Topics within Trigonometry
There are many proofs for the Law of Cosines on the internet, but not all of them take the best approach. Here is my explanation, and I hope that it helps you to understand the other proofs.
Suppose that you have two line segments and an angle measurement. You must construct a triangle such that the two line segments form that angle and that their endpoints are connected by a third line segment.
Try this by moving around a few pens on the table, and you will soon find that for each pair of sides and angle, there is only one third length that can create the desired triangle. This is confirmed by SAS congruence. The goal of the Law of Cosines is simple: if we are given two side lengths and the angle that they form, how do we find the length of the third side?
Question: Given the values a, b, and x in the diagram below, how do we find c?
From Functions, recall that given an angle and hypotenuse of a right triangle, we can express the legs in terms of the hypotenuse. Hence, we can label the following sides:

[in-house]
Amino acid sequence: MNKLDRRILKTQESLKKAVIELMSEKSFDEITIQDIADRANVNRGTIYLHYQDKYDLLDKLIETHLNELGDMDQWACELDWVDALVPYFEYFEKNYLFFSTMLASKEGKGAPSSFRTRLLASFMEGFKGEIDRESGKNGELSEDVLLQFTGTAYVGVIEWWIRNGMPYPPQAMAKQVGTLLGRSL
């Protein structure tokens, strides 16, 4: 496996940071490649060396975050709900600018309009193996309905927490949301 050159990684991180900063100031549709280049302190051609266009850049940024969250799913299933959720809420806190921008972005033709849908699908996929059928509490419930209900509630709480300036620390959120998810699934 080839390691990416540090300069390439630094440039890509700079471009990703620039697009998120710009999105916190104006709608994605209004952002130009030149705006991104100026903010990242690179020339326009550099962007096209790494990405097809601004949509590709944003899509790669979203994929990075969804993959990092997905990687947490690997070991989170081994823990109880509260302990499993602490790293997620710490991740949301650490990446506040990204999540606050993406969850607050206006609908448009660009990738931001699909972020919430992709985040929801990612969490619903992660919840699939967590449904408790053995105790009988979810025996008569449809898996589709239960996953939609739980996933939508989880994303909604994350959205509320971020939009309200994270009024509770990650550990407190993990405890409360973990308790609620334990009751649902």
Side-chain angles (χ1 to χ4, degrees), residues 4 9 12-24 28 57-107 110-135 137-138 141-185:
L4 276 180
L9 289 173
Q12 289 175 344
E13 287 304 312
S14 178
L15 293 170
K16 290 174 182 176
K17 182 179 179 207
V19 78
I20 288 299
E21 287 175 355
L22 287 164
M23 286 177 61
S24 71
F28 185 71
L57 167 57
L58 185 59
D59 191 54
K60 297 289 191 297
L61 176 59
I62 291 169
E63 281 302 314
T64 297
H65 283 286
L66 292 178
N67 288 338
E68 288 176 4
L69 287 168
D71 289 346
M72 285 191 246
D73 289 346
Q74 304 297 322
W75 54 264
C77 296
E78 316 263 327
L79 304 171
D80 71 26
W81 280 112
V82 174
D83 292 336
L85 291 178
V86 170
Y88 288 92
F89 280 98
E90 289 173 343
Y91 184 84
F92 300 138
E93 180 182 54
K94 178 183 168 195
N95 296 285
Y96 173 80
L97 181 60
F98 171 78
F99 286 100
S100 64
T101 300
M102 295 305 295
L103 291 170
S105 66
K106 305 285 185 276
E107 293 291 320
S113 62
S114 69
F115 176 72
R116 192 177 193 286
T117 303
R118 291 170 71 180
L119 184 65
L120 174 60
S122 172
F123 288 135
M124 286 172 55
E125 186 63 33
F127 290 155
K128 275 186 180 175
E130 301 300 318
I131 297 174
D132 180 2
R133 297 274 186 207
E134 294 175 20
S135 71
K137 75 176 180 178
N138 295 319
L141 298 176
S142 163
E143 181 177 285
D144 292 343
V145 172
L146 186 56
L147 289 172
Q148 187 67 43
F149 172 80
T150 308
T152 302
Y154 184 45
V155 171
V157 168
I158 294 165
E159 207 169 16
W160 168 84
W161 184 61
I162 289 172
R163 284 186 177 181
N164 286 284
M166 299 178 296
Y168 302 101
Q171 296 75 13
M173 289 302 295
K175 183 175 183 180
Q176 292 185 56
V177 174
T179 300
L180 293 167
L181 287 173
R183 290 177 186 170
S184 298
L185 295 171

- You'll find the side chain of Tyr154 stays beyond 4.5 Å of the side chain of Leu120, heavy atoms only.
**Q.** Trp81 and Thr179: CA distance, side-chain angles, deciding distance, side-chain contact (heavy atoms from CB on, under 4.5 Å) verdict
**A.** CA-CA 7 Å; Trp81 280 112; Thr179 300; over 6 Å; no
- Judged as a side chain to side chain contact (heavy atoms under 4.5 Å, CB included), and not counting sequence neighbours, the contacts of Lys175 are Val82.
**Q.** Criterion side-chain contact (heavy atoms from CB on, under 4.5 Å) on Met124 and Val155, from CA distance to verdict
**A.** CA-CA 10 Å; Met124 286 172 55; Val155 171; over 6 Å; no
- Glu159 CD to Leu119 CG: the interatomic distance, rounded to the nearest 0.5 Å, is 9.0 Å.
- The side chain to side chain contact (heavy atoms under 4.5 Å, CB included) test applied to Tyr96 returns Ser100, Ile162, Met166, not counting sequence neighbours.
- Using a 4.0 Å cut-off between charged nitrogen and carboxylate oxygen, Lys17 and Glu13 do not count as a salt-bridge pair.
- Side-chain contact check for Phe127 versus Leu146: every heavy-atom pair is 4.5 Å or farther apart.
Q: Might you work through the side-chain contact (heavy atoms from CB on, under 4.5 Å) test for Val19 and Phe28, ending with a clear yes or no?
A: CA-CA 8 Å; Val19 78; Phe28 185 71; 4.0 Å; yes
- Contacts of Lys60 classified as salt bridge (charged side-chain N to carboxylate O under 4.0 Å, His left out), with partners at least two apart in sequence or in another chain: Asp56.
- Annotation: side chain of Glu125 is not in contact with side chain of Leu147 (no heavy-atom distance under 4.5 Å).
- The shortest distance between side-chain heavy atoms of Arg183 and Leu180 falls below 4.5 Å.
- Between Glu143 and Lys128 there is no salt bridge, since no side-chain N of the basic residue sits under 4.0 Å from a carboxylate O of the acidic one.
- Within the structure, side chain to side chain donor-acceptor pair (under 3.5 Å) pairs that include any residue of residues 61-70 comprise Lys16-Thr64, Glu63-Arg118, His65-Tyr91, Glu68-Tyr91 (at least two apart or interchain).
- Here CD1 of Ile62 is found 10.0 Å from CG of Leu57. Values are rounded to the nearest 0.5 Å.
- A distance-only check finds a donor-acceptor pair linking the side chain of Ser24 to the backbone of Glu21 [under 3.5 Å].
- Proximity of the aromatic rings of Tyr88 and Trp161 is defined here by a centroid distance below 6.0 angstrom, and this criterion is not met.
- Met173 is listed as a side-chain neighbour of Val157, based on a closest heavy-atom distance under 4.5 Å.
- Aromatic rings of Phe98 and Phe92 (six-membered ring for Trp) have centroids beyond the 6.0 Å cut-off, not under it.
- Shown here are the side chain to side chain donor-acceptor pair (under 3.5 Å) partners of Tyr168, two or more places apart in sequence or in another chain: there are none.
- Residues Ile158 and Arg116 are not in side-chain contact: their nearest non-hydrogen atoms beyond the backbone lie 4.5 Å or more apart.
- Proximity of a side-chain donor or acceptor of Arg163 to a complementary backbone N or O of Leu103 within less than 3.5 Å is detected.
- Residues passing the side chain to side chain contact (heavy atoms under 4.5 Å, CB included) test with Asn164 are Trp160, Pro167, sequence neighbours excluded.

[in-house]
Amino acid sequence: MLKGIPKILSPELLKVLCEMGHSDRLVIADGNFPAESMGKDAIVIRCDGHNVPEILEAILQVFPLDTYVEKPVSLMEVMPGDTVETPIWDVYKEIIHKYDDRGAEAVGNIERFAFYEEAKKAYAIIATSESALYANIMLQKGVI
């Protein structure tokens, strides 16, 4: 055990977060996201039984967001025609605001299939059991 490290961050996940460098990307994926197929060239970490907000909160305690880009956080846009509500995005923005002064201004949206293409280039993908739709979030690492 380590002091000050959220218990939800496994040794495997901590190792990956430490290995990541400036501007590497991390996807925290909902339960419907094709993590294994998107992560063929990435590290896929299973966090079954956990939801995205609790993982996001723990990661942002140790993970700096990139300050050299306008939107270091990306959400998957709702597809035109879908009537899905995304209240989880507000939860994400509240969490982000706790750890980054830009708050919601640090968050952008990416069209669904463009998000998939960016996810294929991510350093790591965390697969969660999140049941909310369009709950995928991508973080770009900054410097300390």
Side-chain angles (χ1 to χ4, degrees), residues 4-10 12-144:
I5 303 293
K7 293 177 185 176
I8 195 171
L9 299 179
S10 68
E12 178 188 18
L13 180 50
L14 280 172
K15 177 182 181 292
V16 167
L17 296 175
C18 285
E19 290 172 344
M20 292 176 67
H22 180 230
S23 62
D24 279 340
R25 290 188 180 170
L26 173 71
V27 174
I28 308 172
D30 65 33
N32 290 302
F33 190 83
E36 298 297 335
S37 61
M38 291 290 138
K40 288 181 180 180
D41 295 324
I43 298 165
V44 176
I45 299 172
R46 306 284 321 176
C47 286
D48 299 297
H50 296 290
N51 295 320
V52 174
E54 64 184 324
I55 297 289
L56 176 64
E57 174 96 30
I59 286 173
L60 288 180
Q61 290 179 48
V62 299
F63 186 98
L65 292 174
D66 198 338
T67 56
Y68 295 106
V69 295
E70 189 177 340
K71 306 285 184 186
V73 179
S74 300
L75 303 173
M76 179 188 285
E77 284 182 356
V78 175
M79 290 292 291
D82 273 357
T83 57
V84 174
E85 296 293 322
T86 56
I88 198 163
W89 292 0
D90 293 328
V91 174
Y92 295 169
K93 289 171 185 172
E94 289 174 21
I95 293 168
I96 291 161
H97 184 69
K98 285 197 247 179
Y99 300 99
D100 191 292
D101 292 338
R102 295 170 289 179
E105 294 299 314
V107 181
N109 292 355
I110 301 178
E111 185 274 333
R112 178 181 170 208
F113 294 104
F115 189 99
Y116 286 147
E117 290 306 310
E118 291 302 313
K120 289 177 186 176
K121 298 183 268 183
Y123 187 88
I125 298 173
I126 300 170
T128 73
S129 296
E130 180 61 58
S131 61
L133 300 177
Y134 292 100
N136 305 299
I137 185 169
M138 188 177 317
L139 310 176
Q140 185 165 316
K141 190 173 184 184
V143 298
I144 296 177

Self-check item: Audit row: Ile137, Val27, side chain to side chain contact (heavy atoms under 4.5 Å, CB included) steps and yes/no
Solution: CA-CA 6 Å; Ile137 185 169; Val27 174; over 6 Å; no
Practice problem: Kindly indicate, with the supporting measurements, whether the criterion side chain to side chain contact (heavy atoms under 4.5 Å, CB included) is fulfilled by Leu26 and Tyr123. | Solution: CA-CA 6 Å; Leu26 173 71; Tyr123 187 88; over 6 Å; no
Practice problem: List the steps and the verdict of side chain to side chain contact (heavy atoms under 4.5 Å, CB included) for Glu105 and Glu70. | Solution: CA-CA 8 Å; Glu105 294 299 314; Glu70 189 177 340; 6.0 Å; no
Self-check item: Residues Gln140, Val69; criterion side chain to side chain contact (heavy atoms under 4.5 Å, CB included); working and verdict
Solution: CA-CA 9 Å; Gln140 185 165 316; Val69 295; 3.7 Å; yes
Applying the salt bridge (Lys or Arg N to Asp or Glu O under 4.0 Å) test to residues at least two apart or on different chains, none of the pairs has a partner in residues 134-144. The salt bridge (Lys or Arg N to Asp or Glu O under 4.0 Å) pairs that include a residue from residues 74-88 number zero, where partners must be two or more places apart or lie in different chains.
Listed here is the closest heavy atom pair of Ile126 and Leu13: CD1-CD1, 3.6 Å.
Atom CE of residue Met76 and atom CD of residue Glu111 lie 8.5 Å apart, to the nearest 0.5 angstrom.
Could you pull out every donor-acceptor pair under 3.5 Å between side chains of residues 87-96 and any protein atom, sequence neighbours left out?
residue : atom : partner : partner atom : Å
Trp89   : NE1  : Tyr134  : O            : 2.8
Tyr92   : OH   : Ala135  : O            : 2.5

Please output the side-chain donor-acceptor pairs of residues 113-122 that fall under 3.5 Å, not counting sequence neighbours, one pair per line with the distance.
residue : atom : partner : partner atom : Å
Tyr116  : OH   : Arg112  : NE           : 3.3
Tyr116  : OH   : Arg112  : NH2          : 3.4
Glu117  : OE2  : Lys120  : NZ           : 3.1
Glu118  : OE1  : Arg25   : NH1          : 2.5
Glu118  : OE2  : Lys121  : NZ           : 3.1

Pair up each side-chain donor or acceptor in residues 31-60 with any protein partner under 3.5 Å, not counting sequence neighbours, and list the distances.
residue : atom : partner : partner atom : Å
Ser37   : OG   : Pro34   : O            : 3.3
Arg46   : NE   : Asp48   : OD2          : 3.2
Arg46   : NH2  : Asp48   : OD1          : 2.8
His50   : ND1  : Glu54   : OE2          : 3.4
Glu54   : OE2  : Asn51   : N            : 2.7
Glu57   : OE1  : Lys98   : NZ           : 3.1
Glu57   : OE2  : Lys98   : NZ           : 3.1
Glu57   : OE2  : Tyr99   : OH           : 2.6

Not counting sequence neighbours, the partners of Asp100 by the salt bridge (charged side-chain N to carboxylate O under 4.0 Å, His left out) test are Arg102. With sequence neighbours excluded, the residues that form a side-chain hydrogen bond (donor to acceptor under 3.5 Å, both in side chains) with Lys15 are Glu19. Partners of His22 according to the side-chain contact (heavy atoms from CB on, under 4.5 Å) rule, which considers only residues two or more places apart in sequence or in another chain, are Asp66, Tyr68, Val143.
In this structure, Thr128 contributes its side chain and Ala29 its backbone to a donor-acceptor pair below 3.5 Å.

Notice that the two segments in the base of the triangle add up to b. Remember that the way we got $b- a \cos(x)$ was by subtracting $a\cos(x)$ from b.
Now, let’s try and find c. Right away, we can observe that c is the hypotenuse of the smallest right triangle. Using the Pythagorean Theorem, we can state that:
$$a^2\sin^2(x)+(b-a\cos(x))^2 = c^2$$
Next, we’ll simplify the second expression:
Recall that because of the Pythagorean Theorem,
Because of this, we can just cancel out the first and last terms to an $a^2$:
That’s it! Notice that the Law of Cosines looks a lot like the Pythagorean Theorem, but not quite. Any idea why?
Extra: This proof assumes a certain thing about our triangle. What is the assumption, and how can we prove that the Law works when the assumption is false?